Farke’s system affords his creative players the licence to rotate positionally, and this suits the Argentine. He drops deep often to carry the ball forward with his superb dribbling, or to play an early, penetrative pass to break the opposition’s defensive lines.
Buendía is adept at pulling defenders out of their positions, as evidenced by his spectacular goal against Hull City. The winger drifted infield to first create space, before playing a delightful flick to Pukki, who back-heeled the ball into his teammate’s path for him to coolly slot home.
His ability to pull wide defenders away from their positions has also aided Stiepermann and Aarons especially, as it allows them to make third-man runs into dangerous crossing positions after combinations on the wing.
Many who were unaware of Buendía’s style of play had overlooked this signing because of archaic stereotypes; there was something of an assumption that it would be a classic case of a diminutive flair player who would fail to adapt to the more dogged nature of Championship football following his mixed success in Spain.
However, Buendía has proven to be among the surprise packages of the season. He shields the ball well, draws an average of at least two fouls per game, and is press-resistant.
The former Argentina U20 international’s flexibility has been crucial for Norwich. Given their possession-based style, teams often sit back against them, meaning that breaking down low blocks is an essential skill for their creative players.
Thankfully for the Canaries, Buendía is particularly adept at doing so, either with delicate passes into pockets of space or by unleashing powerful shots at goal.
The latter was the case when Norwich welcomed Swansea City to Carrow Road. On a wet and windy day, in the midst of a rather dull, scrappy match, the 22-year-old got the supporters on their feet as he hammered home a thumping effort after shifting the ball from his right foot to his left, sealing a 1-0 win for his team.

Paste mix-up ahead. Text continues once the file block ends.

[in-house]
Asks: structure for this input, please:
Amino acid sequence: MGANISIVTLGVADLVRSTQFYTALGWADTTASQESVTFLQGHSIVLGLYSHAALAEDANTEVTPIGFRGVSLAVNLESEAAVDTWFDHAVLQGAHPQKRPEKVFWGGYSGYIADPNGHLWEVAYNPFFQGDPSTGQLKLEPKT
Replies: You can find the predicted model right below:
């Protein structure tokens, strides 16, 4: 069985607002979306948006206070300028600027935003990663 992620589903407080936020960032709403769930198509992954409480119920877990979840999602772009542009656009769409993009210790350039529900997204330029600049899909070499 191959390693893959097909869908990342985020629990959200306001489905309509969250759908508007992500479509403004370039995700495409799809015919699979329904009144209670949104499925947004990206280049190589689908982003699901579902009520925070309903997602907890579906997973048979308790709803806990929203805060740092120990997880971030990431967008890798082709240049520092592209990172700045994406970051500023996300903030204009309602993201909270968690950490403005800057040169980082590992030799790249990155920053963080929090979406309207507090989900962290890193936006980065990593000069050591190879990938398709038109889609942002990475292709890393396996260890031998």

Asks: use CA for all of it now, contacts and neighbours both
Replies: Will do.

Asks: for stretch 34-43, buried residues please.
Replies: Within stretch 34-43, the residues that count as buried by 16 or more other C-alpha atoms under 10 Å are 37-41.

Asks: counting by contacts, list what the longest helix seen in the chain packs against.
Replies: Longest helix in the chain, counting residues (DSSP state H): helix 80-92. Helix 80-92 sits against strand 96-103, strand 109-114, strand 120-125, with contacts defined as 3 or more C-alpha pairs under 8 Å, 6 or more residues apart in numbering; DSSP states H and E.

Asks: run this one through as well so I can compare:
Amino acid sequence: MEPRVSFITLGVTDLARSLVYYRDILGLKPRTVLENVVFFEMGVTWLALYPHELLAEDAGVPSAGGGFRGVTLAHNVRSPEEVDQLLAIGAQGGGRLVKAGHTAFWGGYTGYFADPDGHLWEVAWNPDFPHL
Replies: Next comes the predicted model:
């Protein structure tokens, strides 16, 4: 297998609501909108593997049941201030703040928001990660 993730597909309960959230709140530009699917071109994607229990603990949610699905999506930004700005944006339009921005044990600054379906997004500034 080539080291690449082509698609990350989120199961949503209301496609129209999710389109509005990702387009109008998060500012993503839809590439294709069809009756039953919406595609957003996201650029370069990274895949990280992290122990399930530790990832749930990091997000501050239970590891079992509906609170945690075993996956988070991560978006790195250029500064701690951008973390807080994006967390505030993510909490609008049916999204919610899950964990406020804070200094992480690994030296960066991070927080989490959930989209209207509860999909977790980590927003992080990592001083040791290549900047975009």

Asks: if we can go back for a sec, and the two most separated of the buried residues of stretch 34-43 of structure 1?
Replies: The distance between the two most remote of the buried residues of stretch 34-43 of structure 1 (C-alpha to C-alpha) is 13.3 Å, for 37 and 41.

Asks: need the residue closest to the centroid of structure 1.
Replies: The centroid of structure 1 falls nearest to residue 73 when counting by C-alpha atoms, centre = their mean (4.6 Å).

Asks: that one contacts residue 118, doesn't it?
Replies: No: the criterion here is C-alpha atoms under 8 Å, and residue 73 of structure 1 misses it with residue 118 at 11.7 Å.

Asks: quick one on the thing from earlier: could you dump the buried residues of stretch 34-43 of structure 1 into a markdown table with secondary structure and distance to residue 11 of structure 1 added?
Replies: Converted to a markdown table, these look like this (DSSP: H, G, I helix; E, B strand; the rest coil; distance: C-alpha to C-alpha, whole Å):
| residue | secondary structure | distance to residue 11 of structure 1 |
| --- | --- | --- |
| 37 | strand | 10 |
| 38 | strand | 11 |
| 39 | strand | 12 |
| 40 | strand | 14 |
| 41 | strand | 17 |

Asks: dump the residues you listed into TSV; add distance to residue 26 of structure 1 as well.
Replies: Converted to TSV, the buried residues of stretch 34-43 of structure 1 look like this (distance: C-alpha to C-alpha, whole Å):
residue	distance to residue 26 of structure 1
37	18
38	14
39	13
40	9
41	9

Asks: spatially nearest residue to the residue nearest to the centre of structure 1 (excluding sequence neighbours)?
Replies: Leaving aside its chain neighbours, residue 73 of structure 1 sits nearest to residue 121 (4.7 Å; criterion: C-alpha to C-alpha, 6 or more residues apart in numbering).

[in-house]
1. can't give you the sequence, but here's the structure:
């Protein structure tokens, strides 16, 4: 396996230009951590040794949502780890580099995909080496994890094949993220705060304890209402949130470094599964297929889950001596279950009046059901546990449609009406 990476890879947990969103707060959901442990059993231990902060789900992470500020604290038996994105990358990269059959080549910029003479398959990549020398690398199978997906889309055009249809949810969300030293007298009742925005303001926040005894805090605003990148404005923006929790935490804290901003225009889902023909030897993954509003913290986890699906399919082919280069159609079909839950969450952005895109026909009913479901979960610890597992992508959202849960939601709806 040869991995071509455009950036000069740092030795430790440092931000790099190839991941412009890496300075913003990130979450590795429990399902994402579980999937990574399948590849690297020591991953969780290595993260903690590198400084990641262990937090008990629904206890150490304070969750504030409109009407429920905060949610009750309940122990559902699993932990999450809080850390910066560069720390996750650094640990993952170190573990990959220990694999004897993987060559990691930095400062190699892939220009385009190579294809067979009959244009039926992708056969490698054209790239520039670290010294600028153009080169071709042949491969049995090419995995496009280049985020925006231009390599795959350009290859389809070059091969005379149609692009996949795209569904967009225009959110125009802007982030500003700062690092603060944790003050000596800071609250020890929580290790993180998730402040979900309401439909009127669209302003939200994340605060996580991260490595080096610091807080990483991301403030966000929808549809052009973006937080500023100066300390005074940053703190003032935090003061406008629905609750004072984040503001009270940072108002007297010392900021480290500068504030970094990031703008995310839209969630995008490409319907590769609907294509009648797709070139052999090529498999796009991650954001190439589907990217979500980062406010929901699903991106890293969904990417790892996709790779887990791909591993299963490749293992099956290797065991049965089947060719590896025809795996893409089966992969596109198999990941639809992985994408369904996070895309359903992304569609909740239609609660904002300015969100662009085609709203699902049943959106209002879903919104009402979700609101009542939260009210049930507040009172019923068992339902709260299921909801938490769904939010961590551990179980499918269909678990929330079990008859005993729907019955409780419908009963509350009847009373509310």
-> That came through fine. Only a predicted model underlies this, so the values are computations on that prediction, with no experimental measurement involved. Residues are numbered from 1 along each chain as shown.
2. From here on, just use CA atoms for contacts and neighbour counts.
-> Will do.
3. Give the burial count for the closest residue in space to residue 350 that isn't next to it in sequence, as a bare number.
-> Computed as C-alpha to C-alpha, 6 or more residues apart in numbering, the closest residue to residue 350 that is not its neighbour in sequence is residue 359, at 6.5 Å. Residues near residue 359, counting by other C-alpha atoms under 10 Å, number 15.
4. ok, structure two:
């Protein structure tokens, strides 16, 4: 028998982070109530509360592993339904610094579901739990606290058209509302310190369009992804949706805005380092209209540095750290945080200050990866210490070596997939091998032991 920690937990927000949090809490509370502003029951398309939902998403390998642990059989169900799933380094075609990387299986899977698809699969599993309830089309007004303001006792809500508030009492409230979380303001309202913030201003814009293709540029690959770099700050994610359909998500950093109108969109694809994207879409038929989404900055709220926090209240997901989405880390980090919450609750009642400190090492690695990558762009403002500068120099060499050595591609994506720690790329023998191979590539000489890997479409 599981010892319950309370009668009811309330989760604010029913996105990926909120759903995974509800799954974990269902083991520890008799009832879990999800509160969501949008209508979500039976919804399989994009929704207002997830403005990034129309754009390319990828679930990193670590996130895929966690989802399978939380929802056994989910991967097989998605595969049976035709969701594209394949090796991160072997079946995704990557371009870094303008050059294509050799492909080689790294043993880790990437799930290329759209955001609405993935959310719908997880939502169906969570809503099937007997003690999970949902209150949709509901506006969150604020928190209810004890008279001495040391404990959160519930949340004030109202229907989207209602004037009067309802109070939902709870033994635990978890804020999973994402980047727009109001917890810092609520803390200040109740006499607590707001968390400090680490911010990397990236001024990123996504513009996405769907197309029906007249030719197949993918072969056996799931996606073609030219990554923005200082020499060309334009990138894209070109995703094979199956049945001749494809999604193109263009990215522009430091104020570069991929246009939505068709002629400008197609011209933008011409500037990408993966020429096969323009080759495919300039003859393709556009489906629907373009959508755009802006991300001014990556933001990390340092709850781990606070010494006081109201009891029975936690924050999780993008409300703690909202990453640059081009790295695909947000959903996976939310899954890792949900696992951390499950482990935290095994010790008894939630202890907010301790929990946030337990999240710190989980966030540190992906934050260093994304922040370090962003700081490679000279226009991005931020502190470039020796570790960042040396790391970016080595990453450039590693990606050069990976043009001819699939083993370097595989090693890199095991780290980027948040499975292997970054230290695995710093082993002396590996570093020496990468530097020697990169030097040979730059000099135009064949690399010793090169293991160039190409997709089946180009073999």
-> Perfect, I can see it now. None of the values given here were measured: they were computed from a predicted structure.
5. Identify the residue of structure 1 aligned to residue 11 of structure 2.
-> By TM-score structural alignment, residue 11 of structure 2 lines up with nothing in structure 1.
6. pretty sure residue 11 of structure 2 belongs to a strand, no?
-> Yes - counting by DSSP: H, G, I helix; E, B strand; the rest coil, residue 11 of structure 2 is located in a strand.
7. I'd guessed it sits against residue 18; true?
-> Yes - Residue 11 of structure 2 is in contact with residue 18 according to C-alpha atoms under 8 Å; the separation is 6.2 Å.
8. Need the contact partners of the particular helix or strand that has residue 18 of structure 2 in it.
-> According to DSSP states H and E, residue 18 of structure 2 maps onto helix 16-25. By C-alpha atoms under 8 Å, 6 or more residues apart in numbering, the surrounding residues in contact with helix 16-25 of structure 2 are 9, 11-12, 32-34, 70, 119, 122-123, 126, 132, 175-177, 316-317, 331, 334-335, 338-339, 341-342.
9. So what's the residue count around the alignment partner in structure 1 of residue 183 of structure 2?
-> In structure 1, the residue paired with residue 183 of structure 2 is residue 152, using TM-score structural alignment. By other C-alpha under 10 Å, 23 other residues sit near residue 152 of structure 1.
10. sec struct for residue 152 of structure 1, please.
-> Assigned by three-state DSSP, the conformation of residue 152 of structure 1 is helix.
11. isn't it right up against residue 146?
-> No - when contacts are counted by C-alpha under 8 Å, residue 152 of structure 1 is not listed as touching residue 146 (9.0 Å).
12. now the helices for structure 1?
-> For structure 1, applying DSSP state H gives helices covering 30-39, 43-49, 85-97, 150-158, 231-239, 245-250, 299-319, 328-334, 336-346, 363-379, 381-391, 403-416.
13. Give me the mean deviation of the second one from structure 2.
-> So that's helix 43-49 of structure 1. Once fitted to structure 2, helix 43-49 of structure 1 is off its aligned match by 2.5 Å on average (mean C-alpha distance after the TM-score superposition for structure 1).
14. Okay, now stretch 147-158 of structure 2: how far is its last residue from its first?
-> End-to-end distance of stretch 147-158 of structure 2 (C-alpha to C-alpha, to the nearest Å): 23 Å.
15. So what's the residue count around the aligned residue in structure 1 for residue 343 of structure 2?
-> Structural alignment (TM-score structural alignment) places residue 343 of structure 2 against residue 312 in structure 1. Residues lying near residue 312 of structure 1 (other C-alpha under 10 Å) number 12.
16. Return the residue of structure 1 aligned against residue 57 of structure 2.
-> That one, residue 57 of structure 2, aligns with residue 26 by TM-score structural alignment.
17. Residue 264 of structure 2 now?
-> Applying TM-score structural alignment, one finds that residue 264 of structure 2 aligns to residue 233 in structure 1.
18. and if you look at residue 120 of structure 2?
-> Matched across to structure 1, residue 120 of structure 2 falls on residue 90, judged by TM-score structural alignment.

For all of Buendía’s creative talents, what must not go unnoticed is his defensive contributions. He is crucial to the way that Farke’s team presses and aims to retrieve the ball high up the pitch.
He marks space intelligently and cuts off passing lanes for opposing ball carriers, making it hard for Norwich’s opponents to play out from the back. Buendía reads the game well and makes interceptions in dangerous areas, springing his side into life and enabling them to counter-attack despite the impetus that is placed upon possession.
With five yellow cards to his name, he is not a player who will be bullied or pushed aside; he is one who will not be a bystander, willing to play with the necessary aggression to drive his team through the more problematic fixtures.
Buendía has been excellent for Norwich, and the numbers go some way in reflecting that. In his maiden campaign on English soil, he has scored seven times in all competitions, contributing with 14 assists as well.
He has been involved in a goal every 125 minutes on average in the Championship this term, a superb return for a 22-year-old wide player.
When Buendía plays well, Norwich tend to follow suit. Such has been the influence of their £1.5m signing this season that the Canaries remain unbeaten in each of the 12 league matches that the playmaker has scored or assisted.
With the winger having notched up 10 goal contributions in his past 11 matches, this bodes rather well indeed for Farke and his side, as they lead the way to the Premier League.
It will be a truly intriguing test of Buendía’s credentials if, in the increasingly likely event, Norwich do press ahead and secure automatic promotion, given his prior shortcomings in the top flight of Spanish football.
The creative attacker has the skillset to succeed in the Premier League given his speciality in shielding the ball, resisting the press and taking up dangerous positions in the opponents’ half.
He’s likely to be called upon as a key source of creativity by Farke, who will be keen to put the young winger’s energy and tenacity in the final third to good use should he orchestrate his side’s return to the big time.
Buendía must display the quality he has throughout the season in Norwich’s final push for promotion, and the most exciting campaign of his career to date could await him, as the Premier League beckons.
Surely then, a call-up to the Argentina senior squad would not be too far away for the boy who departed his homeland at 11 years old to chase his lofty dreams, which now appear to be developing into reality.
By: Luke Osman